The rural Echigo-Tsumari region (越後妻有) of Niigata Prefecture is home to over a hundred fascinating and entertaining modern art installations exhibited throughout the area's 760 square kilometer landscape. Created by both Japanese and international artists, the artworks are designed to incorporate the local environment and culture, and can be found in a wide variety of locations, such as in the towns and villages, in abandoned buildings and schools, or incorporated into the region's ubiquitous rice fields.
Every three years, the Echigo Tsumari Art Triennale is held in the region for a few weeks in summer. During these art festivals, between 100 to 200 new art pieces are created and displayed in addition to the permanent installations. The festival first took place in 2000 as part of a successful revitalization plan to attract visitors to the region which has suffered from depopulation and a series of natural disasters. Smaller festivals are held between triennials.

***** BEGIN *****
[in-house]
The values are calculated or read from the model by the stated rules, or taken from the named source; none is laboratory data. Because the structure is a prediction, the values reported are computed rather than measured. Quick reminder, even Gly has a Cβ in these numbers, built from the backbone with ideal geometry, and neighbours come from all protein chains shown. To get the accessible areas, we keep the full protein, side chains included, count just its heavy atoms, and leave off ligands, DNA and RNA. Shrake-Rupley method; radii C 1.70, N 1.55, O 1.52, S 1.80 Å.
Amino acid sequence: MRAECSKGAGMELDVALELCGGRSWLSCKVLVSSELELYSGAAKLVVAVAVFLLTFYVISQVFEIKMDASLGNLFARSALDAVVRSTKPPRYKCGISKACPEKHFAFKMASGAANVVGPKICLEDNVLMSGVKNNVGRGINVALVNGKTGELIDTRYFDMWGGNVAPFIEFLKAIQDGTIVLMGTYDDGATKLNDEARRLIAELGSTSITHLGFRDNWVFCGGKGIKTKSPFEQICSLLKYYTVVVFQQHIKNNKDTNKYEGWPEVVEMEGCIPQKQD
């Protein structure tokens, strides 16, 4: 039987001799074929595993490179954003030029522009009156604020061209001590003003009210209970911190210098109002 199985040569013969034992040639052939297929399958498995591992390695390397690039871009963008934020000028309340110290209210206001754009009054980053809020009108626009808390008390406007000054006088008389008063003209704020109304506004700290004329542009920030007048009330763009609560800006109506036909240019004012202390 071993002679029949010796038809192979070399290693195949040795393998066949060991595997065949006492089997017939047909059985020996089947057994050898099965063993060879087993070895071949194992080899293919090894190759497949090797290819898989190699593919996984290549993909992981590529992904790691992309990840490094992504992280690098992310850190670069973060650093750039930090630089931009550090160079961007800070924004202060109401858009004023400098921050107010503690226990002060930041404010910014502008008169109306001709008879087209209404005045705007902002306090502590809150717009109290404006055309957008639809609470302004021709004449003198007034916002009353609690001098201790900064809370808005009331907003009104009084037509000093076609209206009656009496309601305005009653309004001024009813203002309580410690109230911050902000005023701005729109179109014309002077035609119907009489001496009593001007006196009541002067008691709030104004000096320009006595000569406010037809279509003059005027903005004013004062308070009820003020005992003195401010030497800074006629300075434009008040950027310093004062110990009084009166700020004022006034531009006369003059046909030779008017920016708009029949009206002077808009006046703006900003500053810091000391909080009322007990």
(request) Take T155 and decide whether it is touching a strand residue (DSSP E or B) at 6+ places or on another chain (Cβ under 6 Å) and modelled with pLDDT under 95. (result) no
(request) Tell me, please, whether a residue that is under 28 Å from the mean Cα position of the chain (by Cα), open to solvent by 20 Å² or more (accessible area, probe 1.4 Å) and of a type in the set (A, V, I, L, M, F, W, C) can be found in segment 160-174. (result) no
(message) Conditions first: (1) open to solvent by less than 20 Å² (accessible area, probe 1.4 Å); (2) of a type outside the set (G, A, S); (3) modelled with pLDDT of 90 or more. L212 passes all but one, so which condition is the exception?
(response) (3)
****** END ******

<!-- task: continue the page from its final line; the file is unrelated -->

Besides the art exhibits, Echigo-Tsumari offers an attractive, rural landscape of terraced rice fields, forested hills and small villages. Agriculture continues to dominate the landscape, and it is a good place to see "satoyama", the traditional lifestyle of living in harmony with nature.
However, the Echigo-Tsumari region is also dealing with grave problems, including a rapidly aging society and dramatic depopulation as many young people leave to escape the extreme winters and find better opportunities in the cities. Furthermore, the Echigo-Tsumari region was badly hit by the Chuetsu earthquake in 2004, which killed 39 people, injured thousands and damaged many buildings. One of the aims of the art field has been to bring people back to the area and involve the local population in sustainable attractions.